After a second Spokane jury last month found Shellye Stark guilty of killing her husband Dale in 2007, she was sentenced Tuesday to 25 years in prison.
Stark was convicted on Sept. 21 on a single charge of first-degree murder for the shooting death of her estranged husband Dale Stark. Her conviction and sentencing came after an appellate court overturned her 2009 conviction on a technicality over jury instructions.
The jury at her second trial found she was not guilty of conspiracy to commit murder.
Stark's defense did not change between her first and second trials, maintaining that she shot Dale in self-defense after she claimed to have enduring years of abuse and forced prostitution.
Spokane police saw through Stark's alibi from the very beginning. She had taken an onion, cut it in half and left the knife on the kitchen counter so when her ex-husband Dale came home she could claim he was reaching for that knife when she shot him in the back and killed him.
"She came from California, she set this up. The facts are very clear. She sat there and shot a man in the back four times and walked up while he laid there dying and shot him in the groin," Deputy Prosecutor Mark Cipolla said.
"The person who caused the fear and abuse in my sister's case was the one person who was supposed to love and care about her. Her husband Dale Stark," Shellye Stark's sister, Donna Haggerty, said.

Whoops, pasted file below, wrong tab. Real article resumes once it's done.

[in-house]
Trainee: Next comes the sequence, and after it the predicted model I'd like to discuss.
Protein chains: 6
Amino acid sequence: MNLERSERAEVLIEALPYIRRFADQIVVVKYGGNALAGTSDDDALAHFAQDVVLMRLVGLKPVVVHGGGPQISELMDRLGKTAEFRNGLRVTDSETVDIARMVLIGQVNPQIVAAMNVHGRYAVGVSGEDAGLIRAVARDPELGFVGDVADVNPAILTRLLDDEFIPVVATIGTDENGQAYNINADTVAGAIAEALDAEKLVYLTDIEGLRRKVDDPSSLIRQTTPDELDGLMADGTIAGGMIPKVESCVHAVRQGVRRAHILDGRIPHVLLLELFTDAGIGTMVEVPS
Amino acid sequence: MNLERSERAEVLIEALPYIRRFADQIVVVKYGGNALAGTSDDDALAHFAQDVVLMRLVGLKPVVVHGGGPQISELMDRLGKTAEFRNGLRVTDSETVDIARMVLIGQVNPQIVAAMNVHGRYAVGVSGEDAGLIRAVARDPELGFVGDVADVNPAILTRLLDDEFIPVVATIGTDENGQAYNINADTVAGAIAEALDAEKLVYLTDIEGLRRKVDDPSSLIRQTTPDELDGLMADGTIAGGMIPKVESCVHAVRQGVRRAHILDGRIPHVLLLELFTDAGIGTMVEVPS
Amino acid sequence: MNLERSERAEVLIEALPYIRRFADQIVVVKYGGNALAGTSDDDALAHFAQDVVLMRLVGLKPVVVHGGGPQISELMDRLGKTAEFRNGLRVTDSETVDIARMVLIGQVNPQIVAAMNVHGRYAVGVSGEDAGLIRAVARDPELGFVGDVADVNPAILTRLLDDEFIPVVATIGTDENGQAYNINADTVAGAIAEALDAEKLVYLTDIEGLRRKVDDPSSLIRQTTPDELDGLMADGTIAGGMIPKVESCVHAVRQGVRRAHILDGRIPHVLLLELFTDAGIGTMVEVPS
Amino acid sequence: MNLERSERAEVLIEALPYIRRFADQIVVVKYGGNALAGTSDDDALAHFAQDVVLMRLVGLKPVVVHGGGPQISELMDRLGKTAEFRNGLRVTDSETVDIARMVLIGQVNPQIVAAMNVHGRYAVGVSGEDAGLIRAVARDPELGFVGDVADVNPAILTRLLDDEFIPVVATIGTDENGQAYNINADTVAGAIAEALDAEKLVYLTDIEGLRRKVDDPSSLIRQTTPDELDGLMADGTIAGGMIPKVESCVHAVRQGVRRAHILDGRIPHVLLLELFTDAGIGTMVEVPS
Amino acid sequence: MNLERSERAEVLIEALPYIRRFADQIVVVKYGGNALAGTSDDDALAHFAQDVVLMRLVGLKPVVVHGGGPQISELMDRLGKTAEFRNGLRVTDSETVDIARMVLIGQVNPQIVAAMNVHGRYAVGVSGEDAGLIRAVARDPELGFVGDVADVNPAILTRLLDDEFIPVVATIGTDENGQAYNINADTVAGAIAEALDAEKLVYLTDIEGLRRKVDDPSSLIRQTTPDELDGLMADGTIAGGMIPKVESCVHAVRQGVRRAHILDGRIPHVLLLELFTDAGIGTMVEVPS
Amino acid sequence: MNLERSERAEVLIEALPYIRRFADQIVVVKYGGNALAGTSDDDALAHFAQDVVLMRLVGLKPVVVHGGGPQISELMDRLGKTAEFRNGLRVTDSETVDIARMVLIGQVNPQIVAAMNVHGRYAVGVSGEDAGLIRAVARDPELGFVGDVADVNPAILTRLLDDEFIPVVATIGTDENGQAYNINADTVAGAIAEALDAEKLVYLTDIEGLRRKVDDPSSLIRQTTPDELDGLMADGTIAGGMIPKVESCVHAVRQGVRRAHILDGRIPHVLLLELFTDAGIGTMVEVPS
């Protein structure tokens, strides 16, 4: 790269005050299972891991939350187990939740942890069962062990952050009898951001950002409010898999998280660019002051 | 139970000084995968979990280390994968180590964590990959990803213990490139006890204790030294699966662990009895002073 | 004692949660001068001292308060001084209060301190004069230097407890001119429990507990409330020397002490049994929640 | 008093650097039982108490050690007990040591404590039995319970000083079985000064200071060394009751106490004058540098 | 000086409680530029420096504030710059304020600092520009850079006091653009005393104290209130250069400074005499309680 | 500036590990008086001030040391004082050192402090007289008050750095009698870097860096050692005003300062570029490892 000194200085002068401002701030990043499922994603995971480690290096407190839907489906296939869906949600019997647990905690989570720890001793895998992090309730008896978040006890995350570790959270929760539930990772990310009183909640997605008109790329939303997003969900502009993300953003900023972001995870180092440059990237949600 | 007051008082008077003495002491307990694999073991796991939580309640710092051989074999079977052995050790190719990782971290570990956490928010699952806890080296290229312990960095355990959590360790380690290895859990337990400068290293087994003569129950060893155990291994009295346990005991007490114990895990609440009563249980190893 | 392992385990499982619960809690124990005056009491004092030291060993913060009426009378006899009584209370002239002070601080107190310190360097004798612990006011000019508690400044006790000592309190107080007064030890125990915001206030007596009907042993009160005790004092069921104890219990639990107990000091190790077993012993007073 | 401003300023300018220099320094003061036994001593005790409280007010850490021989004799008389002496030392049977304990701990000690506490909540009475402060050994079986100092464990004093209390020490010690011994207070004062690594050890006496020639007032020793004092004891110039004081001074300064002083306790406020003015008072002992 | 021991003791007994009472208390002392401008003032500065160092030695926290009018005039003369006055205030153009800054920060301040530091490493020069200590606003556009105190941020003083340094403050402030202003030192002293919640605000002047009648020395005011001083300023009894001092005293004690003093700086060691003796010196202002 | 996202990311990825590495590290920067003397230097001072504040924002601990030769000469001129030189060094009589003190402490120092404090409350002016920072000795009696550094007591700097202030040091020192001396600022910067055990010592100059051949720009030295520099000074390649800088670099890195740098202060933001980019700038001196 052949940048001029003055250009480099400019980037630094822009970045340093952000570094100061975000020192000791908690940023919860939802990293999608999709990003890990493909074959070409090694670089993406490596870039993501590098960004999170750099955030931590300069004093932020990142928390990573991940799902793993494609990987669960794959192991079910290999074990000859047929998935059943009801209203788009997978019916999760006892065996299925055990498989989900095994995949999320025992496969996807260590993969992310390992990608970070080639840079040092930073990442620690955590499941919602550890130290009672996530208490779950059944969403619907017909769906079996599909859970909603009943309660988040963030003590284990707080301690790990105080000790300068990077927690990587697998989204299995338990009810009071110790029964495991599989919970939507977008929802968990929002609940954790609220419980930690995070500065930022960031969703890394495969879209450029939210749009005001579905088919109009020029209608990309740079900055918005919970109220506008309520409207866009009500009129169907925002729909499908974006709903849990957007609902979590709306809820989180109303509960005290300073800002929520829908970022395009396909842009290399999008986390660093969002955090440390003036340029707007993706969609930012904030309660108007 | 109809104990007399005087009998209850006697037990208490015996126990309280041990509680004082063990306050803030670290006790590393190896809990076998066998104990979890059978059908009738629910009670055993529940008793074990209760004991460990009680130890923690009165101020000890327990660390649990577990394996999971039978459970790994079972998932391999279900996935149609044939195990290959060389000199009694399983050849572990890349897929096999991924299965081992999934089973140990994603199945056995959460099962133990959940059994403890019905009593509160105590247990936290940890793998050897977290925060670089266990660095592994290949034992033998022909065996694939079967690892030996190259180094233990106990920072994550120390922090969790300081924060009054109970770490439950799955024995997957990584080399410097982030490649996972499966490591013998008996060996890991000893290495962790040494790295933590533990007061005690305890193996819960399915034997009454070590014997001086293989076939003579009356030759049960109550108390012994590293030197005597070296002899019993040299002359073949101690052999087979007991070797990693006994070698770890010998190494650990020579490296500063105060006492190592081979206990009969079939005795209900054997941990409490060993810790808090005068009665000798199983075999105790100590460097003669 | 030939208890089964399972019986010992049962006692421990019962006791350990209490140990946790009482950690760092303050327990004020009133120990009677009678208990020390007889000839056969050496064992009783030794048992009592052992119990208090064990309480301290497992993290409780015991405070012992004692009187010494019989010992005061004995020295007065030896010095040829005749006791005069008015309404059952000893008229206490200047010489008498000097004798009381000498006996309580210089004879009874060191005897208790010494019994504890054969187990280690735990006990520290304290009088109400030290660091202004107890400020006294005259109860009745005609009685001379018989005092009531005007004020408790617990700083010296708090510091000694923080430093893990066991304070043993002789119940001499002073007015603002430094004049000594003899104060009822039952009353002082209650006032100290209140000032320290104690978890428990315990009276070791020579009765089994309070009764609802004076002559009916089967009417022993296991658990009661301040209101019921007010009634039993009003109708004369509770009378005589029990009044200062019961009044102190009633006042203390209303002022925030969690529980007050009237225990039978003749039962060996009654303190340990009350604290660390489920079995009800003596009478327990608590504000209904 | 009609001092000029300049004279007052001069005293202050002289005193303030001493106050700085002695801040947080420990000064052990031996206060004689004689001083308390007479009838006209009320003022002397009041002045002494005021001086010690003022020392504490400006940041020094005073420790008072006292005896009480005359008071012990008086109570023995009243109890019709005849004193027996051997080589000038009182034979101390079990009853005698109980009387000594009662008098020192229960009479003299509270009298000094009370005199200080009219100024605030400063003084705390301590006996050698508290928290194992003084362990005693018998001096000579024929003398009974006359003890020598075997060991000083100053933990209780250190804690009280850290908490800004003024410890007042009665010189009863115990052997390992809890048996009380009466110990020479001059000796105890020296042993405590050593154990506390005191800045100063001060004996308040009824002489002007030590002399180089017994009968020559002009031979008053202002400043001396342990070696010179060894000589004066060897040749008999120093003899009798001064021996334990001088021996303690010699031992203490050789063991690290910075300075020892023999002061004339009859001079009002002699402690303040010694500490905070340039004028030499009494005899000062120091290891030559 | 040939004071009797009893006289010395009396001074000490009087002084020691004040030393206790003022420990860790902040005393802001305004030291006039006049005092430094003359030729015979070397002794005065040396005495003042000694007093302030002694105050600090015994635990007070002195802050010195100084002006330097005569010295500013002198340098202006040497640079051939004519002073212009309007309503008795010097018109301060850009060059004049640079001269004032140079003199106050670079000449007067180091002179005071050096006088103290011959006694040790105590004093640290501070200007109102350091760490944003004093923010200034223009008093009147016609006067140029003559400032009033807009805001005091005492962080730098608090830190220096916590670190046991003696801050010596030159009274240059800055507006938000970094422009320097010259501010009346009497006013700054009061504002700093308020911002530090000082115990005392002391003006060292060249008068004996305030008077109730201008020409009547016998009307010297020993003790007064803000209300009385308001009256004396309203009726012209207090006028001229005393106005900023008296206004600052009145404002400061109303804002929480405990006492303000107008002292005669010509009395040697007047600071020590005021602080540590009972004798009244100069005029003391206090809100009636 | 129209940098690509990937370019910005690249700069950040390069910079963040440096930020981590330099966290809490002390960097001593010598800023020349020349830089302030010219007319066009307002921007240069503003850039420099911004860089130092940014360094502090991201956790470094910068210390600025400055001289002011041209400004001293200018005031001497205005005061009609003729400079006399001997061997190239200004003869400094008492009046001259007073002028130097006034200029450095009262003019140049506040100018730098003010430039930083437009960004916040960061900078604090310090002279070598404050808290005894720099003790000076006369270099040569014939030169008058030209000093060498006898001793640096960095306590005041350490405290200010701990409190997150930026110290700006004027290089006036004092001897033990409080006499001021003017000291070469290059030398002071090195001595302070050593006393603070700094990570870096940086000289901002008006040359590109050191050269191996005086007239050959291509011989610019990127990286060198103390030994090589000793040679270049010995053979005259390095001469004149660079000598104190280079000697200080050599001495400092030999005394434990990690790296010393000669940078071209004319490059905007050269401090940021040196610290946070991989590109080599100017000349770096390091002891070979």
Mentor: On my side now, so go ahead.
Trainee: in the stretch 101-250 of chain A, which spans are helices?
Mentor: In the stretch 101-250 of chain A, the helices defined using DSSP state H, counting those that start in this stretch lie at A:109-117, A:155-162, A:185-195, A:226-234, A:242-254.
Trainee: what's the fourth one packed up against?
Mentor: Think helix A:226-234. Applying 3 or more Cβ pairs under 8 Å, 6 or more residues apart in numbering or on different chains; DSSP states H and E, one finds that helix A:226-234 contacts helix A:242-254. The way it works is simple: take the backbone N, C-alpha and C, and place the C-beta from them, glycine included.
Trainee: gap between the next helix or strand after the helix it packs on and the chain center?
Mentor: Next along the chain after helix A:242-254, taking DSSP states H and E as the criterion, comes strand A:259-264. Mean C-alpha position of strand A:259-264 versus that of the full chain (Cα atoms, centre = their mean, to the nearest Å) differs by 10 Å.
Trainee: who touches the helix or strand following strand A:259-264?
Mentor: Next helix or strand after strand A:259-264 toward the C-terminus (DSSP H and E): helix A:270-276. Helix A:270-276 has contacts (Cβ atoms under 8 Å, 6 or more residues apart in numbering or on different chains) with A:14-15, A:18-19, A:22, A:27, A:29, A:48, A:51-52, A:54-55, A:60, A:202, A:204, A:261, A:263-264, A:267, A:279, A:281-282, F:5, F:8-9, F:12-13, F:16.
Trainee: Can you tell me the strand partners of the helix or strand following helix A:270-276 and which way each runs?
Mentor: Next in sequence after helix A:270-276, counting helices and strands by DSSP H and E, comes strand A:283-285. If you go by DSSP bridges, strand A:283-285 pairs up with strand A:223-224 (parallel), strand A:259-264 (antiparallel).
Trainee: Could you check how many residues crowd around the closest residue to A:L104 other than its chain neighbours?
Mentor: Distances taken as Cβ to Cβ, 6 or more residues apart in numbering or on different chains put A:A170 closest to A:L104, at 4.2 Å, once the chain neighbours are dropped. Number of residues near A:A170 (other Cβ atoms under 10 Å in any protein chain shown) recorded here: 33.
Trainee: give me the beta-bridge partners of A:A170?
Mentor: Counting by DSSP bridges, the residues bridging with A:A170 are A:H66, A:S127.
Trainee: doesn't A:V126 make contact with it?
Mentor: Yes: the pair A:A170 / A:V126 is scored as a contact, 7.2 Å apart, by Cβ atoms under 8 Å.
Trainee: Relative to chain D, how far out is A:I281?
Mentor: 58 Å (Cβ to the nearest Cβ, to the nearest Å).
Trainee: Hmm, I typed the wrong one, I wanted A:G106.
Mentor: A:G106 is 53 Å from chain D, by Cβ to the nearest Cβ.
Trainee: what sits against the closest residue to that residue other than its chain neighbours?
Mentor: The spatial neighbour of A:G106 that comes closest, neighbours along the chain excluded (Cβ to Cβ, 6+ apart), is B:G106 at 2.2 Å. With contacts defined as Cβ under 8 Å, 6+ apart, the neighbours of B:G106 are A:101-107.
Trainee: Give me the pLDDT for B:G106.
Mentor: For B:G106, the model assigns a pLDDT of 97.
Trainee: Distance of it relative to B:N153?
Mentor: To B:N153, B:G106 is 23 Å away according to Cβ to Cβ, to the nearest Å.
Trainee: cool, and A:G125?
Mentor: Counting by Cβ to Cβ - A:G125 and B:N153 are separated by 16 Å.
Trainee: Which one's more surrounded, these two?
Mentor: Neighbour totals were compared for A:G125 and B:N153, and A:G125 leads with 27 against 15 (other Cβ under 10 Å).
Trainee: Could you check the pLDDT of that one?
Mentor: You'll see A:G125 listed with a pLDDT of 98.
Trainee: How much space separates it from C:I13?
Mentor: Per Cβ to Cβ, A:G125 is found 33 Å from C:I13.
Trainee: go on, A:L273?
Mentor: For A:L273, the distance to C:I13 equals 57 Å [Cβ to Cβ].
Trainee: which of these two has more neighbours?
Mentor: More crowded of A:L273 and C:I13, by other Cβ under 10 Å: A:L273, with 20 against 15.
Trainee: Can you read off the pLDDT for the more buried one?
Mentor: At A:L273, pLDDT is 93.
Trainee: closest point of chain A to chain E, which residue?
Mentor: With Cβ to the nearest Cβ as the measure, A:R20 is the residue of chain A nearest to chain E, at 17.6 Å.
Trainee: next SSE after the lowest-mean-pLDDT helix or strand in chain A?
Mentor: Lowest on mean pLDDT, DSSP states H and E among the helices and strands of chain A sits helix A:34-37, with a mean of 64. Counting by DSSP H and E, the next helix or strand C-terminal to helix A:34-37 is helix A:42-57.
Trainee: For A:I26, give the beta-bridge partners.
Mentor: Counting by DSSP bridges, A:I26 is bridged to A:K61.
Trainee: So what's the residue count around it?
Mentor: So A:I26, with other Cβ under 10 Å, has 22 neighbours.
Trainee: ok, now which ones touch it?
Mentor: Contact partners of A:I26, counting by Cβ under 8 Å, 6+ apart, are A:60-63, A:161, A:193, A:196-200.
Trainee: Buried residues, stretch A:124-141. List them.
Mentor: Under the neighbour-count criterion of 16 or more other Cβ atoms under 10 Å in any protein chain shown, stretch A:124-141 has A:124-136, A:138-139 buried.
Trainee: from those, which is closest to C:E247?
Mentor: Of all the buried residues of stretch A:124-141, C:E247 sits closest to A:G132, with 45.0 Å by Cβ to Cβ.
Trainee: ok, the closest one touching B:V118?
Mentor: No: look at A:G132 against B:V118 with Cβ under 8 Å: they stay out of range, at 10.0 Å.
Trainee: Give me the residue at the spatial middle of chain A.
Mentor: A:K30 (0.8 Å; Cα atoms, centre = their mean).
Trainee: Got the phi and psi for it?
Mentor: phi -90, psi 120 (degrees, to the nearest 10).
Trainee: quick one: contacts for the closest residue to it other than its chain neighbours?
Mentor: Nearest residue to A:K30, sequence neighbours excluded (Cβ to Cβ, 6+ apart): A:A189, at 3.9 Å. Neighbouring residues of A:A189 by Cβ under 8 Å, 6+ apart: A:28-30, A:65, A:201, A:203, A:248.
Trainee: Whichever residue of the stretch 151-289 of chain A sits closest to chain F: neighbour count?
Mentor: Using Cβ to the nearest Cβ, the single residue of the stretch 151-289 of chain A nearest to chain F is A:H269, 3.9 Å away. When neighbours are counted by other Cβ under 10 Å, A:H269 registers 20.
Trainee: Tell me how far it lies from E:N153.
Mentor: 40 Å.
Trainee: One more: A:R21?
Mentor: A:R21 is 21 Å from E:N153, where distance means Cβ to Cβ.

Stark says the night of the shooting she was only trying to serve Dale with a domestic violence protection order, however detectives think Dale was killed so she could collect his $400,000 life insurance policy.
The couple's 17-year-old son, Christopher Stark, witnessed the killing and asked the court to show his mother leniency at her sentencing Tuesday.
"My mother has been in prison for the past five years. I've lost [one] parent already, I'm asking the state not to take another," he said.
In the end Judge Tari Eitzen who, after Stark's trial in 2009 sentenced her to more than 50 years in prison. Eitzen agreed giving Stark the low end of the sentencing range as a courtesy to her son.
"By not adding those extra months or years to Mrs. Stark's sentence she will at least at some point in her life have an opportunity to spend some time with Christopher when she's older," Judge Eitzen said.
Inmates convicted of murder do not earn good time and so even with credit for time served start still faces another two decades in prison, which means Stark will be at least 70 years old when she's released.